Slow changes in the functional mass of hypothalamic-pituitary-adrenal (HPA) glands, which plays a role in alcohol addiction, may be a target for intervention in the addiction, according to a study recently published in iScience.

The researchers analyzed the dynamics of the secretion of β-endorphin after HPA axis activation after acute and repeated alcohol intake using a model that they had developed of the HPA axis on the timescale of weeks to study addiction. They added 2 new equations for the dynamics of β-endorphin: 1 for secretion from pituitary corticotrophs into the bloodstream and the other for secretion of the β-endorphin from POMC neurons in the hypothalamus into the cerebrospinal fluid (CSF).

The study authors proposed that the opponent process was structural change of the HPA glands, including the change of the total cell mass due to cell proliferation and growth. When the adrenal cortex grows due to chronic activation of the HPA axis, cortisol secretion increases and suppresses β-endorphin secretion.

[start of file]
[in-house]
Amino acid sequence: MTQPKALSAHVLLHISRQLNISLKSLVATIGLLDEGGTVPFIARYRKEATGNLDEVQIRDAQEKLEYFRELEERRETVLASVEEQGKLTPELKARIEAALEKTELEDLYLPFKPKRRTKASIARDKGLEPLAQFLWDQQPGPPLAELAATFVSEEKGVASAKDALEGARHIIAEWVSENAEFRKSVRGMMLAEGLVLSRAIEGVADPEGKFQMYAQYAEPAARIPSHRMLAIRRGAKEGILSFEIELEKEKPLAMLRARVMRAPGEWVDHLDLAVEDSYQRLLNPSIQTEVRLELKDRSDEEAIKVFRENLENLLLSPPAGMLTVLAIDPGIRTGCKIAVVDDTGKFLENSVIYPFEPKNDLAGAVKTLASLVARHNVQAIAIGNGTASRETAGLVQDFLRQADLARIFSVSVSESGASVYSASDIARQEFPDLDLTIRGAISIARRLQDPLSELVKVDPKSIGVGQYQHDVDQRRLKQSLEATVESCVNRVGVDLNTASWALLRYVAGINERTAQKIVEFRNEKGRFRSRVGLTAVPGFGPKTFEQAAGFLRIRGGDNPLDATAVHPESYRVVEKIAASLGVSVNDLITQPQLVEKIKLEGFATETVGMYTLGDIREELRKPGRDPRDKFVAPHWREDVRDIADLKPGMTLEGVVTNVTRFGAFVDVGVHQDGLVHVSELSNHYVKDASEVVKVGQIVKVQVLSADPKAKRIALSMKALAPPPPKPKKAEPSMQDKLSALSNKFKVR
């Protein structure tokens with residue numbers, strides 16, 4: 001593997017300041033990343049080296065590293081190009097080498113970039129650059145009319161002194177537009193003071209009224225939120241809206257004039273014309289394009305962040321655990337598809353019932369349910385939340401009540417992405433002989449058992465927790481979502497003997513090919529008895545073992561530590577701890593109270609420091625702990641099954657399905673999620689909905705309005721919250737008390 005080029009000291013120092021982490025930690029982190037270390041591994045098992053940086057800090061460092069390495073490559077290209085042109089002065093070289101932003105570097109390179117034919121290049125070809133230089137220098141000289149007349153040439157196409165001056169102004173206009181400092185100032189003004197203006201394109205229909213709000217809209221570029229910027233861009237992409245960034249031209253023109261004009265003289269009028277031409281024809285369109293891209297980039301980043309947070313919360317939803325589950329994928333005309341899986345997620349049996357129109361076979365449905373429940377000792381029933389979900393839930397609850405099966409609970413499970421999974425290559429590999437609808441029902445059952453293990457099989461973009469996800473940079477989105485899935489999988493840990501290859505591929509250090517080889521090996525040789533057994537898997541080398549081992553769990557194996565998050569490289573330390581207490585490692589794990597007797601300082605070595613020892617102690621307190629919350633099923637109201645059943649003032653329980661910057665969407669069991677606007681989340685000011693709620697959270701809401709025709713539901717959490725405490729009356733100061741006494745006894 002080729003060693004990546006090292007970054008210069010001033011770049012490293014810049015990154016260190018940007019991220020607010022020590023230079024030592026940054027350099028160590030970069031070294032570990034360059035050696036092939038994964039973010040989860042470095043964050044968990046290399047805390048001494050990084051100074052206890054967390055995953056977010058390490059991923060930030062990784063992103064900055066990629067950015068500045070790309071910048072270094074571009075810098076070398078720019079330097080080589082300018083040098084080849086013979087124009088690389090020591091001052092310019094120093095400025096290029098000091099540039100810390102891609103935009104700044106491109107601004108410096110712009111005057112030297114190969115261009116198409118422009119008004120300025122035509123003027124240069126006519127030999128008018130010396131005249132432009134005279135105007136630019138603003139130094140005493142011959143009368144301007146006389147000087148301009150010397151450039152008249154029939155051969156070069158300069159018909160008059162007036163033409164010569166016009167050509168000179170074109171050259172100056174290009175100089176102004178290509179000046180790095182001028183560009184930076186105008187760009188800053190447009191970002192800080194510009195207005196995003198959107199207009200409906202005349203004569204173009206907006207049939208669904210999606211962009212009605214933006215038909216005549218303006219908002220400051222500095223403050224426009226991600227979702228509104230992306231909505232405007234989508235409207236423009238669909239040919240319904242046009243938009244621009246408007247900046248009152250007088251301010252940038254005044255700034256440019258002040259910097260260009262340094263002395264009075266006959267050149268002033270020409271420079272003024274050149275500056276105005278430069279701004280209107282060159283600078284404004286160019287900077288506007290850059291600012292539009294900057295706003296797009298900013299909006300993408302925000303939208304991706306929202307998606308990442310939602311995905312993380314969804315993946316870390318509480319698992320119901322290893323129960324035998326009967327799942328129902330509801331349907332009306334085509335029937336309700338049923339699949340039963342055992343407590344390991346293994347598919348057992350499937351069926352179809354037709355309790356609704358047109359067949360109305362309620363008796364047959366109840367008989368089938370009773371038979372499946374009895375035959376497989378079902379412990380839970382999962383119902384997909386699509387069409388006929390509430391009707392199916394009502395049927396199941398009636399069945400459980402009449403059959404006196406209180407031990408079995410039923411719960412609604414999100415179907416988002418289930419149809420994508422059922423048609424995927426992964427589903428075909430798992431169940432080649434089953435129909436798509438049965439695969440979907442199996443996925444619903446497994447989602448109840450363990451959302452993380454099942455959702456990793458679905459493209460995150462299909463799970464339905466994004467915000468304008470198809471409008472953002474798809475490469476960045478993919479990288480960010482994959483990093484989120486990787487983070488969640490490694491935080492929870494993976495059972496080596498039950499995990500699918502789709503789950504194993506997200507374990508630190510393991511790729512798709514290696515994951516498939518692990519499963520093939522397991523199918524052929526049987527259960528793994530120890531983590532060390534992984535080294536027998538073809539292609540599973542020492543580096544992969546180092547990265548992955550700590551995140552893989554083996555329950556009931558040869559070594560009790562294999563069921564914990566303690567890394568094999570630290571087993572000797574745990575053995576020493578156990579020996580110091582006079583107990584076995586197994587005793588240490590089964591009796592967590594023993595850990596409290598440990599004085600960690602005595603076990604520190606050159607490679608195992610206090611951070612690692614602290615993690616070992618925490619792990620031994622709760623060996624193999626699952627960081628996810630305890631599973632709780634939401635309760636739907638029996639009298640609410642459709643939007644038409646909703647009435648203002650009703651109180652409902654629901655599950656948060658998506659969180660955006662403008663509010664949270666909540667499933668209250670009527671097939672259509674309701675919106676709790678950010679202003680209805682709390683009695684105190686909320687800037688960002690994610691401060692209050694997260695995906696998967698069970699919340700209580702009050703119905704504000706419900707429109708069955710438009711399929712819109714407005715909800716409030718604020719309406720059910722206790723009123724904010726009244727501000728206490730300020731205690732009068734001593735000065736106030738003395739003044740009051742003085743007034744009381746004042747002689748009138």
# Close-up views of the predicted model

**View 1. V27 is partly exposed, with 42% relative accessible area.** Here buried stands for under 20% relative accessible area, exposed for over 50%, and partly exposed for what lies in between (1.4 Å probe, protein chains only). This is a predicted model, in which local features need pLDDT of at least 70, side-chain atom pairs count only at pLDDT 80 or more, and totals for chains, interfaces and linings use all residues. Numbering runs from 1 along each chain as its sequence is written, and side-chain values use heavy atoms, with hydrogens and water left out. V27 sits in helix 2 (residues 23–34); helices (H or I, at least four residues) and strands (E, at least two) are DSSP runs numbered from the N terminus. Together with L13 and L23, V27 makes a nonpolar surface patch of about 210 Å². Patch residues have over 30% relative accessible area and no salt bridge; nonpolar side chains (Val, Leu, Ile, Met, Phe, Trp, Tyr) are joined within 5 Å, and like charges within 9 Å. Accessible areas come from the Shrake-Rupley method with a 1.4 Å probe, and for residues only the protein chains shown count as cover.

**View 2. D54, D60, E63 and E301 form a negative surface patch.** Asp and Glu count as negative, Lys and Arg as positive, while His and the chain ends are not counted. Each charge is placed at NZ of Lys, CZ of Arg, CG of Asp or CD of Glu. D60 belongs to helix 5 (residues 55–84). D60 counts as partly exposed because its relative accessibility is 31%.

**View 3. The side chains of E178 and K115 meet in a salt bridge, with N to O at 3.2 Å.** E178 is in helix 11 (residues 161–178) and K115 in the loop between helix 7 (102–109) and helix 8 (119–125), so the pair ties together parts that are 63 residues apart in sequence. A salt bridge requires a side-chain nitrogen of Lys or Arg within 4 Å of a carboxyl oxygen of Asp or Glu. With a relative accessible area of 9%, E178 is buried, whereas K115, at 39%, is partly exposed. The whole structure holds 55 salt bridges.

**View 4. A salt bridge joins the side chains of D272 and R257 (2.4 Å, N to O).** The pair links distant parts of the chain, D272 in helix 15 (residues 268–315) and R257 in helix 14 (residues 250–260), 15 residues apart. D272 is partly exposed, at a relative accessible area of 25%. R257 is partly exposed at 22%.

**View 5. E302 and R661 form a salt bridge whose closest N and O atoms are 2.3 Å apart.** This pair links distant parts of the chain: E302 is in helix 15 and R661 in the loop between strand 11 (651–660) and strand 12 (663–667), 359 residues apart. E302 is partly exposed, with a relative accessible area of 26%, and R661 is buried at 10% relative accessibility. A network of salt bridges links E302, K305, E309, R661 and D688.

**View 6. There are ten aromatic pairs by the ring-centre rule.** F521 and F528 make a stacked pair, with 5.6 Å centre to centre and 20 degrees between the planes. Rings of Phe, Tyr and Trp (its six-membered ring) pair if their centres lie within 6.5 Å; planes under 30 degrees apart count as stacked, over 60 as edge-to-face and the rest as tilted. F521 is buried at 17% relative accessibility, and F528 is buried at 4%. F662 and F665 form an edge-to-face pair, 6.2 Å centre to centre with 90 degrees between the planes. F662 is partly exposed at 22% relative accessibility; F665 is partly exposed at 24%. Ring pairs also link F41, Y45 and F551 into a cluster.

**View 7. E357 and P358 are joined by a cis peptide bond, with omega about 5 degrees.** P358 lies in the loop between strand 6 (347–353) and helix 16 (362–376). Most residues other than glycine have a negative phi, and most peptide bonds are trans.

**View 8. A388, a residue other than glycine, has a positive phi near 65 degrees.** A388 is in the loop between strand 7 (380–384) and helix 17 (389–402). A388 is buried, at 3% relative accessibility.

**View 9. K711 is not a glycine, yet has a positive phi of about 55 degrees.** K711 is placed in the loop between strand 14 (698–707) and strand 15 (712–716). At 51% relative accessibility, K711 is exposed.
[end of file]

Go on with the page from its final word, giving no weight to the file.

They used the model to analyze fold-change detection (FCD) for β-endorphin dynamics in response to the alcohol and found that FCD circuits that control subjective reward maintain sensitivity to reward at higher levels of alcohol intake. The benefits for this control include the ability to learn across several orders of magnitude of rewards and its use of potential-based reward shaping.


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Limitations of the study included the mathematical model’s reliance on experimental testing to establish its validity.

“The gland masses thus provide an opponent process, explaining data on b-endorphin and HPA hormones during alcohol addiction and withdrawal, as well as the effect of adrenalectomy and cortisol replacement on alcohol preference in rodents,” the study authors wrote. “The main message of this study is thus that a weeks-scale feedback loop in which HPA gland masses change over time provides an opponent process.”

The researchers said that this opponent process may also apply to other addictive drugs, such as cocaine and nicotine that activate the HPA axis.

References

Karin O, Raz M, Alon U. An opponent process for alcohol addiction based on changes in endocrine gland mass. iScience. Published online February 2, 2021. doi: 10.1016/j.isci.2021.102127